Referring to A context-free grammar can encode any regular expression (equivalently, directed graph). Thus, all of the alternative representations of priceable-units is accommodated using the context-free grammar technique described. The context-free grammars described above are sufficient to generate the most common types of tickets. However, they cannot generate tickets with crossed priceable-units, such as of the form A′ B′ A″ B″ which may arise in especially complicated trips. These constructions do not have the Dyck language property of corresponding to a set of properly matched parentheses, and it is a fundamental limitation of context-free grammars that they cannot express the set of valid tickets if such constructions are included. However, various techniques can be used for extending context free grammars (CFGs) to account for non-context-free phenomena such as crossed components. Referring to An example for such an extension is described for the case where priceable-units contain at most two fare-components. To extend the core grammar, each grammar non-terminal is augmented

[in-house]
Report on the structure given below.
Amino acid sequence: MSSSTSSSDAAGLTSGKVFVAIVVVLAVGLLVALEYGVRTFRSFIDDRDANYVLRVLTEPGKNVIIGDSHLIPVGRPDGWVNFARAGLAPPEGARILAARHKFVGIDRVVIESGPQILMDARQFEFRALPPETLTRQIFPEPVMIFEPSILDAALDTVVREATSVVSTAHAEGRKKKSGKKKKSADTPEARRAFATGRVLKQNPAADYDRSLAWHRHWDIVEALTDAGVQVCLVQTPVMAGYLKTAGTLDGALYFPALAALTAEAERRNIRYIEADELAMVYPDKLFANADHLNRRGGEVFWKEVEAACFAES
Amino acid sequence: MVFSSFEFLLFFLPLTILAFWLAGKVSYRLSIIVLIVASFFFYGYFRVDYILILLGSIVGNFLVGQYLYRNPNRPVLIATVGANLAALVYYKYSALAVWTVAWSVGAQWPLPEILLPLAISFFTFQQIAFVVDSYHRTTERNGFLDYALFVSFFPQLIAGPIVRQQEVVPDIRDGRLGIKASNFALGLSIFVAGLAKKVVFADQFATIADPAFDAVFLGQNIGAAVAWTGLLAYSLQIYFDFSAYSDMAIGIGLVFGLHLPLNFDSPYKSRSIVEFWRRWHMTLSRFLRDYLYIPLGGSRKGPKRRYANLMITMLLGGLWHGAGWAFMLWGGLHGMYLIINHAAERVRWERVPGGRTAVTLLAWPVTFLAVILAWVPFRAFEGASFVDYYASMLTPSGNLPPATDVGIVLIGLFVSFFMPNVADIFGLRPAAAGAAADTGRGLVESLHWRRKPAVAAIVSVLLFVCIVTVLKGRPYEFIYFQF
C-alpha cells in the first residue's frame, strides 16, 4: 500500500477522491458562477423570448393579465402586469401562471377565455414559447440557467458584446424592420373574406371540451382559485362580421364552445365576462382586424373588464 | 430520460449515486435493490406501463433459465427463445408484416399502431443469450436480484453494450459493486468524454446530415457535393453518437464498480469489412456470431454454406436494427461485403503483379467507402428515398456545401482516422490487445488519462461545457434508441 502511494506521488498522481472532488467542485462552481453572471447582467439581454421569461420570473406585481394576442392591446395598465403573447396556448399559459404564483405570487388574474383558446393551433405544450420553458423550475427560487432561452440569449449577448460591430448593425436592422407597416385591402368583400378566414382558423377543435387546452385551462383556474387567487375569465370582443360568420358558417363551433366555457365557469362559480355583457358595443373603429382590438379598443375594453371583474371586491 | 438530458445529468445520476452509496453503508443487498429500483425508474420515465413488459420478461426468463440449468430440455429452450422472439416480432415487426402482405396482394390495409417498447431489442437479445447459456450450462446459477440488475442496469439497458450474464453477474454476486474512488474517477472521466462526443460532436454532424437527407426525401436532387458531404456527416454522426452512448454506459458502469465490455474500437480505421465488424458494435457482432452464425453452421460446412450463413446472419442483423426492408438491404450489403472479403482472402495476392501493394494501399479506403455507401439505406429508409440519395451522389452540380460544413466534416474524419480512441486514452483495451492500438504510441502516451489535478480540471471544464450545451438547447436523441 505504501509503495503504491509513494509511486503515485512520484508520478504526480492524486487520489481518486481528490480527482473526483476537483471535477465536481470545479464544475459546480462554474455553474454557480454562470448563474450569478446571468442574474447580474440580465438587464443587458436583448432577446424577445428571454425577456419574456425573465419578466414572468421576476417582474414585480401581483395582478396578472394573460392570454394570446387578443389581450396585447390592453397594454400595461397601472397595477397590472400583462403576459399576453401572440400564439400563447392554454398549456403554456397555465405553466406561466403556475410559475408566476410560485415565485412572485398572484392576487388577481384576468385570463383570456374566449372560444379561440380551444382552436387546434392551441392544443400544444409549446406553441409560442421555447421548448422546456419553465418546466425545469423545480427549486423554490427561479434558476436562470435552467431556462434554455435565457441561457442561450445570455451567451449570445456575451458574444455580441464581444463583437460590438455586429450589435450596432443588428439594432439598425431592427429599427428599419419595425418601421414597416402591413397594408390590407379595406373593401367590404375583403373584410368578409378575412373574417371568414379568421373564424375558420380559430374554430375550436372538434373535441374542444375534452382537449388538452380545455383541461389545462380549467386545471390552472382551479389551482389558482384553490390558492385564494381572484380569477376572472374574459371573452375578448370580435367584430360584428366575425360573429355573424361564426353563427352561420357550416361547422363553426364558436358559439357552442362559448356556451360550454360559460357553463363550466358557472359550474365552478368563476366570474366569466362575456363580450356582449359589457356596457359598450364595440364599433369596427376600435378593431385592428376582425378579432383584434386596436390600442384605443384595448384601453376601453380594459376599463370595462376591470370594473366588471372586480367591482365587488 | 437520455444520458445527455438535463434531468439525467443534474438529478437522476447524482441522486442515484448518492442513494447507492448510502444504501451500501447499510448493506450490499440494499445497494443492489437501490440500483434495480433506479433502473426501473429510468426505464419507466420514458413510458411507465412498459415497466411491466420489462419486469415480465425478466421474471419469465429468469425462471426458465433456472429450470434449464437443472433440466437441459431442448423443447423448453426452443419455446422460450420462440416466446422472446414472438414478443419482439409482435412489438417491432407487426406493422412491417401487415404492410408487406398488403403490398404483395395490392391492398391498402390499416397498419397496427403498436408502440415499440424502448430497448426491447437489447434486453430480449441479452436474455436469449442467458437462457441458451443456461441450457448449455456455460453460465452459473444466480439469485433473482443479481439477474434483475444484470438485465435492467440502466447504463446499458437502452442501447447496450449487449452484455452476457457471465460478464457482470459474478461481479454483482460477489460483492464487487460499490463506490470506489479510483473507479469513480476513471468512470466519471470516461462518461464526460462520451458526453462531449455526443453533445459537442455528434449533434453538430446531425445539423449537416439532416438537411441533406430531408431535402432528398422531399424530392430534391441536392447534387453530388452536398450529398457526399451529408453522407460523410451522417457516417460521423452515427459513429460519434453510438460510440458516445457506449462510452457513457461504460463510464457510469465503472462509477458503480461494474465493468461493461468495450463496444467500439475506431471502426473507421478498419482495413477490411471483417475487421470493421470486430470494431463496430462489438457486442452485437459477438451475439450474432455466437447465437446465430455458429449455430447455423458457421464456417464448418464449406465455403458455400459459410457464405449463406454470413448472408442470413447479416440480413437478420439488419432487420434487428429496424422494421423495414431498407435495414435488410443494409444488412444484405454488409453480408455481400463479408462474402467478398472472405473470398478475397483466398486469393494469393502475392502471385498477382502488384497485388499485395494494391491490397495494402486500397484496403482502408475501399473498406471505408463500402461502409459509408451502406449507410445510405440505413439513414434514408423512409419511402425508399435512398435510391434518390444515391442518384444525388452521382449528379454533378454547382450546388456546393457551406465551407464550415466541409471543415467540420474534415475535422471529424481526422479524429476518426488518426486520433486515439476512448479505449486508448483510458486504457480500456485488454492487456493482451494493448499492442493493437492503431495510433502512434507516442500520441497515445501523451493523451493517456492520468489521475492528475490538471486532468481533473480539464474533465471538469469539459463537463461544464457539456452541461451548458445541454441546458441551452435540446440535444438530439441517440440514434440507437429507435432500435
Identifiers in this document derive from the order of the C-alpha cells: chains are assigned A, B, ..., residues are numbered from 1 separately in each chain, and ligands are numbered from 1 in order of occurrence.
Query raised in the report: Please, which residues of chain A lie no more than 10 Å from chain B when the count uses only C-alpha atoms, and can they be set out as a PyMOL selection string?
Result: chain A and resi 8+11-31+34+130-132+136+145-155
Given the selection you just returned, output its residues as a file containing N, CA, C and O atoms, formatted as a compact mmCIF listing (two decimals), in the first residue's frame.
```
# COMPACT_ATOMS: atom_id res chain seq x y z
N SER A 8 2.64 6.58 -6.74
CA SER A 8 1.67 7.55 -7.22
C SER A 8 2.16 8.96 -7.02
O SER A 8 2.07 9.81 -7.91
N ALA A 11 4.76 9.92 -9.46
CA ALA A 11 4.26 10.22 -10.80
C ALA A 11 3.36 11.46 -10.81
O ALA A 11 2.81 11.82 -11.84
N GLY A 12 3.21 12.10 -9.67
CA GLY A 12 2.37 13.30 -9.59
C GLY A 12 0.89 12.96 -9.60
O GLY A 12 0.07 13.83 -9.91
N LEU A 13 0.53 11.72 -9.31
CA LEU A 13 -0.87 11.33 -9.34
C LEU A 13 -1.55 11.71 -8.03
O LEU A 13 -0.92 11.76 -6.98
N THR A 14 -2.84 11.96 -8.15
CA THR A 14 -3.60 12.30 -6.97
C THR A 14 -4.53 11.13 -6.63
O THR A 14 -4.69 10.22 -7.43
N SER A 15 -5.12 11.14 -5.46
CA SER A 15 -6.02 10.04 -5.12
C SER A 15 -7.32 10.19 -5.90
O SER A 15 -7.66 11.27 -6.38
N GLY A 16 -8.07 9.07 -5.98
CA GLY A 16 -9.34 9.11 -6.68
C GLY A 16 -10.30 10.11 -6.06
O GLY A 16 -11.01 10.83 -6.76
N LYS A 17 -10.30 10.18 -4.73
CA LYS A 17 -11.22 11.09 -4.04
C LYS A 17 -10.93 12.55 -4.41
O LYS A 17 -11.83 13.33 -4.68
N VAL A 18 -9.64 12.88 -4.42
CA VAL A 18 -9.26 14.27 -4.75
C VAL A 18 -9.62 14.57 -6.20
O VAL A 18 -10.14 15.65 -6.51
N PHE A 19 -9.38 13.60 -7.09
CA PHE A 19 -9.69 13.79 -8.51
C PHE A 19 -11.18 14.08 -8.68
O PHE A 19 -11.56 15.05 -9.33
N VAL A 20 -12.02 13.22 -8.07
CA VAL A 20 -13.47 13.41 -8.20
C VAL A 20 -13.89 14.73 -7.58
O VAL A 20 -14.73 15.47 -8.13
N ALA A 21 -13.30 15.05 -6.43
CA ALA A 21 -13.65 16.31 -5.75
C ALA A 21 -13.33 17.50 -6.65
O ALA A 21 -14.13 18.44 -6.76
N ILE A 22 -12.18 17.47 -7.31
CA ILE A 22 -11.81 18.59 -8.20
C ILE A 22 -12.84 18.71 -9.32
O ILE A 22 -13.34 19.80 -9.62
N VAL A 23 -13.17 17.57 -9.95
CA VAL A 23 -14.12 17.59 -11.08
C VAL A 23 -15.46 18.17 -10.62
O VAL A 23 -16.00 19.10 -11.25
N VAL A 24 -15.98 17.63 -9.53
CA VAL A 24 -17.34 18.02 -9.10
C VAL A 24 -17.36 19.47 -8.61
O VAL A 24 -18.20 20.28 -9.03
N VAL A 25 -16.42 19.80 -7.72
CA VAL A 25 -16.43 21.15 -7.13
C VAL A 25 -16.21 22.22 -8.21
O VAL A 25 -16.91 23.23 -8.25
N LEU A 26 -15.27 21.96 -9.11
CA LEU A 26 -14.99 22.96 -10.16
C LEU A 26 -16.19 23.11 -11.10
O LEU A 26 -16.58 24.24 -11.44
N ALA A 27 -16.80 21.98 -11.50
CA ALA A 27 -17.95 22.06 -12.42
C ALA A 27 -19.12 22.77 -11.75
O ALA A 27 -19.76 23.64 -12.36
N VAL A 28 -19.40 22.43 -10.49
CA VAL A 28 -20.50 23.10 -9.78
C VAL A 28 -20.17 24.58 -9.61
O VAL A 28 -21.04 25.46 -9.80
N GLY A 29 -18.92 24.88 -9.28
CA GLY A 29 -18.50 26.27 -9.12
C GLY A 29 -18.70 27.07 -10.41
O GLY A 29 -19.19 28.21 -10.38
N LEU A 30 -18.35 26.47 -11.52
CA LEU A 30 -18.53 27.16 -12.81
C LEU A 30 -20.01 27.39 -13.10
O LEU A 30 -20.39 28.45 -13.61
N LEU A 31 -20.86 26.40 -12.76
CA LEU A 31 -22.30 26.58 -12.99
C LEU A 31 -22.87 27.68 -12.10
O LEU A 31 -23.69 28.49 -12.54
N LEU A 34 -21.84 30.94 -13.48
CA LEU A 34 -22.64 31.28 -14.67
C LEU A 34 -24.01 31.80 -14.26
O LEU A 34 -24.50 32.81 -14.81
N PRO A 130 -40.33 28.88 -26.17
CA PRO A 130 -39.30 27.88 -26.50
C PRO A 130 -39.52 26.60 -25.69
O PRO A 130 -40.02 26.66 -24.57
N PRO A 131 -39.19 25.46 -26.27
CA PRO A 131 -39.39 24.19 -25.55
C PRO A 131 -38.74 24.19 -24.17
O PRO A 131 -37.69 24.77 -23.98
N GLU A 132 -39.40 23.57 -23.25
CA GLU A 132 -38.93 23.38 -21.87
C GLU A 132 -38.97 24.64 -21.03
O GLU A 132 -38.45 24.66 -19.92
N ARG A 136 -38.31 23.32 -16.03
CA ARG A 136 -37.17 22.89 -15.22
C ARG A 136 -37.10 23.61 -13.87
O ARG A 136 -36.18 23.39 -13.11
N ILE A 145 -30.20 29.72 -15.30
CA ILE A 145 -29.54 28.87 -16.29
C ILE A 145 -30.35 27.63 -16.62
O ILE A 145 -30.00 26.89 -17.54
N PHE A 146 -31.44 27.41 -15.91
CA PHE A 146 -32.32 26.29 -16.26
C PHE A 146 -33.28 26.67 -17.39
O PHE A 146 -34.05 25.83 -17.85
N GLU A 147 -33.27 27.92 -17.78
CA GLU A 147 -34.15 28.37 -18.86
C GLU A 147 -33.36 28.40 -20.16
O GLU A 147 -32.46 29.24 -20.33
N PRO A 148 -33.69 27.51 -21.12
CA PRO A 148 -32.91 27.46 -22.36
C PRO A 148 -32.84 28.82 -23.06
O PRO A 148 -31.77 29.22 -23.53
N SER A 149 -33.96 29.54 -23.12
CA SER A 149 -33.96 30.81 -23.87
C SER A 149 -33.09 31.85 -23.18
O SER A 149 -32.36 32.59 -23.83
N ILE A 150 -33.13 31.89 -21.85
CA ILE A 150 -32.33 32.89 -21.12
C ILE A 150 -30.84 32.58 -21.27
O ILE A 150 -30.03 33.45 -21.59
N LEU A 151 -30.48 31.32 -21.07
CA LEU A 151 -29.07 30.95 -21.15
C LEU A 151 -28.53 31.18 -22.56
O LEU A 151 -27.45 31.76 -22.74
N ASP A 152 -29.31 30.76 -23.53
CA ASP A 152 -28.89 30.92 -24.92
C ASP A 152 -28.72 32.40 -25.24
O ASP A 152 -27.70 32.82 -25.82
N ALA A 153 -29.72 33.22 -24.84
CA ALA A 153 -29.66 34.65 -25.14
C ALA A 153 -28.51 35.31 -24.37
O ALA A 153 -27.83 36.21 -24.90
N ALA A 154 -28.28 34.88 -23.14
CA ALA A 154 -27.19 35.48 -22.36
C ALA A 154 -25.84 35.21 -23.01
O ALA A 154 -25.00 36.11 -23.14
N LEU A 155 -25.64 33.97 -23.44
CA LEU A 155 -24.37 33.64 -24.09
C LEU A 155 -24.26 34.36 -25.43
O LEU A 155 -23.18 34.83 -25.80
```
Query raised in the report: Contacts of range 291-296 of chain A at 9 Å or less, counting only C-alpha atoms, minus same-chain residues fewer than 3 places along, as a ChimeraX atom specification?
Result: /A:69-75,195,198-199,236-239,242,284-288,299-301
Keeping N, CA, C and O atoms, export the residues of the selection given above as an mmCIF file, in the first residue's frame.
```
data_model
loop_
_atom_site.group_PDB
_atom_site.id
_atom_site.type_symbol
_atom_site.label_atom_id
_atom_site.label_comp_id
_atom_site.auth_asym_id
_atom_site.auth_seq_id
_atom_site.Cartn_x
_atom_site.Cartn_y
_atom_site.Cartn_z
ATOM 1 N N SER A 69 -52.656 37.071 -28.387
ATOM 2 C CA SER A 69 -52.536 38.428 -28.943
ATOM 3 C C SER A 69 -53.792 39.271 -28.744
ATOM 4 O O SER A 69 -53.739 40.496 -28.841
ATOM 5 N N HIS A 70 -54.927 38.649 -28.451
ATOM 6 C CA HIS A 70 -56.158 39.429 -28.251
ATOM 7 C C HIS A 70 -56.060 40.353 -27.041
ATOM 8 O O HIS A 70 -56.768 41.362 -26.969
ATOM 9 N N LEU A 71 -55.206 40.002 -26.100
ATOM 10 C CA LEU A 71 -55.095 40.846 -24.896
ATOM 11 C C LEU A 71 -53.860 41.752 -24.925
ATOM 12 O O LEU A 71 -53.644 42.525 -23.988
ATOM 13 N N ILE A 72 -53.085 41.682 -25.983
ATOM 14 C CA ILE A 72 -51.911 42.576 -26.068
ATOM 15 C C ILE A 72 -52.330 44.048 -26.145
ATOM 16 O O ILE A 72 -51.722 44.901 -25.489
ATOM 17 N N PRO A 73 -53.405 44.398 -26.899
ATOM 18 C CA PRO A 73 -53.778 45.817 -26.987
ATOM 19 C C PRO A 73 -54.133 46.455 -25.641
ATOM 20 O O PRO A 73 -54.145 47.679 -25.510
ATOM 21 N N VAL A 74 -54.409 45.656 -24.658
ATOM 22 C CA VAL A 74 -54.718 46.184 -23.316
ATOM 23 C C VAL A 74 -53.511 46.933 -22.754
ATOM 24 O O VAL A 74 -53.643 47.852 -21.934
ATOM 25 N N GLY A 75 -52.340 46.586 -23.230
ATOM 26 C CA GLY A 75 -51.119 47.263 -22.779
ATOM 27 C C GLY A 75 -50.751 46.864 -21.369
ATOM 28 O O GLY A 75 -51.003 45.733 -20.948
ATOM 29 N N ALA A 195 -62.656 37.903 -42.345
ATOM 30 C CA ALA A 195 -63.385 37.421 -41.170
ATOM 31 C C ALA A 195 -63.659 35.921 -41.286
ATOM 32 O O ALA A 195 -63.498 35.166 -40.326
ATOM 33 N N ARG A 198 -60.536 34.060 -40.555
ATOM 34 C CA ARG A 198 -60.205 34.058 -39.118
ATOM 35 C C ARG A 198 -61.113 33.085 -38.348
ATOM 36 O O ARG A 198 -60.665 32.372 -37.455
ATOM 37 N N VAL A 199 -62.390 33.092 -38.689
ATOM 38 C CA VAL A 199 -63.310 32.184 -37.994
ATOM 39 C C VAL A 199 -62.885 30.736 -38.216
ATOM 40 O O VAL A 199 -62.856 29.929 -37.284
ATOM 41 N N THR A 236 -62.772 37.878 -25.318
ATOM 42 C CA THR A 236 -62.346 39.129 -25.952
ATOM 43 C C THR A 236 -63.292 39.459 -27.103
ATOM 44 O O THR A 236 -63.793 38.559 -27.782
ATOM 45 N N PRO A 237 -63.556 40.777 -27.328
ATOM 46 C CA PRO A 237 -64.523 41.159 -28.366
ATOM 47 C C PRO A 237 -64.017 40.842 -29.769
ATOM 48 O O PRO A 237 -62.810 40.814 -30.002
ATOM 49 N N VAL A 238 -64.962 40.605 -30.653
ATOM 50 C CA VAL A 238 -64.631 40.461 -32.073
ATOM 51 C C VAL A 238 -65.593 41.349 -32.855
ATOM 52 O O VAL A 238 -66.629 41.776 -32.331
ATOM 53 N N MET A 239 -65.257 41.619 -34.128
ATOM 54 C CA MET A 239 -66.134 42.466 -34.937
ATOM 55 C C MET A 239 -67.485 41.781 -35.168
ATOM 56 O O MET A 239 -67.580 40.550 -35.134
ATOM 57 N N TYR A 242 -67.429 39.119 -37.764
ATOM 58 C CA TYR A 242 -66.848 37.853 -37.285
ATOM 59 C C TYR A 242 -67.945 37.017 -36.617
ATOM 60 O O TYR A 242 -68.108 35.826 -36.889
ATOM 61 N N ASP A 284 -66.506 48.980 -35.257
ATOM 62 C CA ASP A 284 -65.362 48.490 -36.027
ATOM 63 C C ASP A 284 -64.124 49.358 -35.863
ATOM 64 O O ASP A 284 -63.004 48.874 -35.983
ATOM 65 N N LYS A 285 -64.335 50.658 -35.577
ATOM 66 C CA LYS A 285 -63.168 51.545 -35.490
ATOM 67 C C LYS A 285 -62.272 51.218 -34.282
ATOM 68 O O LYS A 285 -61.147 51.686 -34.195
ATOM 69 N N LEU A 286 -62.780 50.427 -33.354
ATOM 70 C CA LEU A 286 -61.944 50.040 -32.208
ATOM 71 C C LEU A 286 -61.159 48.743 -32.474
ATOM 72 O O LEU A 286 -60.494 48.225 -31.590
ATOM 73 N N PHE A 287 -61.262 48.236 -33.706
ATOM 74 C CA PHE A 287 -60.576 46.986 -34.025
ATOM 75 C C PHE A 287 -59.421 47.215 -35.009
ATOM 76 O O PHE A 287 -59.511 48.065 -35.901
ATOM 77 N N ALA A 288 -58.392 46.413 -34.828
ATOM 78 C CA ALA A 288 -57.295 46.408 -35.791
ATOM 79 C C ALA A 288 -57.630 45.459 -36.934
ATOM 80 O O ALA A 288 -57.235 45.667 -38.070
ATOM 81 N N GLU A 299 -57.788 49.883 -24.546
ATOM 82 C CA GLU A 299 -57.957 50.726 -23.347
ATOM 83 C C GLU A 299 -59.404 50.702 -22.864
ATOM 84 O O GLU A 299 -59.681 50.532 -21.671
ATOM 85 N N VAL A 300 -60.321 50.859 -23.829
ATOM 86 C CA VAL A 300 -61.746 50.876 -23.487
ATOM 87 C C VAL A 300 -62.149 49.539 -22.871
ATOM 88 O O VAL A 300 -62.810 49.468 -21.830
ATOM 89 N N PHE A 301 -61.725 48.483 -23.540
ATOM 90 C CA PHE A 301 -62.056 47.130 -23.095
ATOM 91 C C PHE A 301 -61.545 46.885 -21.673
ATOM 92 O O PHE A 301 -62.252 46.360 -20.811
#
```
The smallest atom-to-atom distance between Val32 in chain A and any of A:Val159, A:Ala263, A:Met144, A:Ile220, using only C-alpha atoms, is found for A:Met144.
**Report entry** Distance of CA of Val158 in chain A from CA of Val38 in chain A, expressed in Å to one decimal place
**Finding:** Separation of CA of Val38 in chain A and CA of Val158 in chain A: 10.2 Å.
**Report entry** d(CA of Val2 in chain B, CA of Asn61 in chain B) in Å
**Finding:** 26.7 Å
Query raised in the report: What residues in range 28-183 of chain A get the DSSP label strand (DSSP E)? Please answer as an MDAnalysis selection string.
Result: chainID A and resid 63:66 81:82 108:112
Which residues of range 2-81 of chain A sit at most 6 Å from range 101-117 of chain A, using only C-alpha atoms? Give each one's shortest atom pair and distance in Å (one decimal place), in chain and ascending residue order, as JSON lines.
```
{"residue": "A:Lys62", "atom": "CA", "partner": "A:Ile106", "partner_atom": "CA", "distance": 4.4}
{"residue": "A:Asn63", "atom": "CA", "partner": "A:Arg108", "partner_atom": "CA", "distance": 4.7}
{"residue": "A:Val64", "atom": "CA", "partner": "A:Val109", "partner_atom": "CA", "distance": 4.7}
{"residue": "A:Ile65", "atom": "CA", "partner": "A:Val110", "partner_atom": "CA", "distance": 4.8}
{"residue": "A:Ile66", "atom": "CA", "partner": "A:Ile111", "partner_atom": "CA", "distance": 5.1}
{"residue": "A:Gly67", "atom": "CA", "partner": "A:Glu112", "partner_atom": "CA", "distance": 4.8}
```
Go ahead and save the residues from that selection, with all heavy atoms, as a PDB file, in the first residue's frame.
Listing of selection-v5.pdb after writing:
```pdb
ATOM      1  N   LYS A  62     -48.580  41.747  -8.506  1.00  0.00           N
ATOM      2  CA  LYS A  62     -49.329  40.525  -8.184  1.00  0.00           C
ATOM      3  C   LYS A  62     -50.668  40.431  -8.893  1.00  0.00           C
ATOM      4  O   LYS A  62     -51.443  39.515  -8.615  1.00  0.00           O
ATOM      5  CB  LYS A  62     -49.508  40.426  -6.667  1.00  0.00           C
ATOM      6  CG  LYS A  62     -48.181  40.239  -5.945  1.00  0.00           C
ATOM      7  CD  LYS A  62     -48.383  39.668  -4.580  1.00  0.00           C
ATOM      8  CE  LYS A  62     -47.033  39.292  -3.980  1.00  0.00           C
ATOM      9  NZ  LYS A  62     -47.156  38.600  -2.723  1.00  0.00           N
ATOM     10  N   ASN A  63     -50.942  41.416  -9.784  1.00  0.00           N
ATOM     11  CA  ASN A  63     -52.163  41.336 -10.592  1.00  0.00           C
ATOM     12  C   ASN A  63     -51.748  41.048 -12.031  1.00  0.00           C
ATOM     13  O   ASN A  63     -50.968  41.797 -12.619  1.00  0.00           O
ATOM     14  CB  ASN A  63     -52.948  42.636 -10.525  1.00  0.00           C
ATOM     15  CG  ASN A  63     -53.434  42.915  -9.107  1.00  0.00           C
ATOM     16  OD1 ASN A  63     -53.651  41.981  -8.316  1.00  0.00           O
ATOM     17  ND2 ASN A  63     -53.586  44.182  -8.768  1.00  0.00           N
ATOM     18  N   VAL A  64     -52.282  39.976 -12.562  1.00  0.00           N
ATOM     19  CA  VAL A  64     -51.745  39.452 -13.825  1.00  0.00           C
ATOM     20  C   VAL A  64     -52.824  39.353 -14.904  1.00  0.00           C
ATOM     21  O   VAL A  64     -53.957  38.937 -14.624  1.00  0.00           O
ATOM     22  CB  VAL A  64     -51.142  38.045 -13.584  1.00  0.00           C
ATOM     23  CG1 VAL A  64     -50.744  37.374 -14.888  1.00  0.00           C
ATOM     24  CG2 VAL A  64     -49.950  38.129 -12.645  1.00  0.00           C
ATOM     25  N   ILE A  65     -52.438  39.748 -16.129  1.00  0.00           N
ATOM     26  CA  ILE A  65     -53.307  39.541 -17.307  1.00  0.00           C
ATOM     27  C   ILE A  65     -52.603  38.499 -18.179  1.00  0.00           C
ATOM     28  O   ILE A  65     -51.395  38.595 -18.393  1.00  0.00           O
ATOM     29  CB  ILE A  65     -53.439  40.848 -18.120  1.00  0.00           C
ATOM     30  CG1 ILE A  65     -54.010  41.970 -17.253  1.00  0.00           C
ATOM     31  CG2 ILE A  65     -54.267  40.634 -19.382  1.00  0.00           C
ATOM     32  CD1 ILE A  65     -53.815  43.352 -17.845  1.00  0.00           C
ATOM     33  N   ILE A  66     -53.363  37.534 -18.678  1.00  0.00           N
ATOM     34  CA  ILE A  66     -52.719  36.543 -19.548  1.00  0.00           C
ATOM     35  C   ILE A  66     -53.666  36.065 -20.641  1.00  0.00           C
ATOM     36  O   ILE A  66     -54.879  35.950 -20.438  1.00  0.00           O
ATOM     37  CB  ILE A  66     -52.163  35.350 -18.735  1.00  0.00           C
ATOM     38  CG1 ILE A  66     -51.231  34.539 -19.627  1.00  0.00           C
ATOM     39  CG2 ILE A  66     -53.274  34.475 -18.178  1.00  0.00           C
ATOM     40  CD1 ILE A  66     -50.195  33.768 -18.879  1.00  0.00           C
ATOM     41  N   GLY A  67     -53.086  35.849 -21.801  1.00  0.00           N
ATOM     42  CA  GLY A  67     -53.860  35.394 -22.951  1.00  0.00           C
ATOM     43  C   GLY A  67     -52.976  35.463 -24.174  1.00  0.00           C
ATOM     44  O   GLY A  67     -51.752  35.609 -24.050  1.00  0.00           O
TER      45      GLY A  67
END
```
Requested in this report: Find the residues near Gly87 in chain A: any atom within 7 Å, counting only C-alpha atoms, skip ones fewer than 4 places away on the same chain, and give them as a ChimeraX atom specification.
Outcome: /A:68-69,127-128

For each one fare-component priceable-unit: P[i]<{ },{ }>==>FA[i][1] For each two fare-component priceable-unit: P[i]<L,R>==>FA[i][1] S<L,R>FA[i][2] P[i]<{i},{ }>==>FA[i][1] P[i]<{ },{i}>==>FA[i][2] where here { } represents the empty set. In The grammar can generate the same ticket in more than one way. For instance, there may be more than one derivation of the same set of priceable-units. In the example, a second derivation is possible in which the B priceable-unit is accounted for by the core context free grammar, and the A priceable unit is accounted for by extensions to the core context free grammar. This ambiguity is not a problem for most applications, and can be reduced by using more complicated grammars that limit the situations in which the extensions are used. Such complicated grammars extended with sets in this way are often referred to as “attribute” or “unification” grammars. It is typically necessary to limit the size of the sets to insure that parsing and generation algorithms can efficiently manipulate such grammars. Since the majority of tickets that arise in practice have only a small number of crossing priceable-units, it is quite practical to limit the size of the L and R sets to one or two priceable-units. Referring back to The application of the context-free grammars described here to the “pricing” of a particular ticket is straightforward and analogous to parsing a computer program using the appropriate computer language grammar or parsing a sentence using a natural language grammar. Standard context-free parsing algorithms may be used, such as Earley's algorithm or the CKY algorithm. These algorithms are efficient, and can be implemented in highly optimized forms for the particular Dyck language grammars described. Parsing algorithms that can process the extended grammars used to account for crossing priceable-units are well known and often referred to as unification parsers. Referring to The process Alternatively, slightly simpler context-free parsing algorithms exist that do not explicitly construct packed parse forest representations but rather directly generate parses, such as the Viterbi formulation of context-free parsing. Such algorithms can be used to directly price tickets. Referring to Pricing For the example trip, the flight lattice is: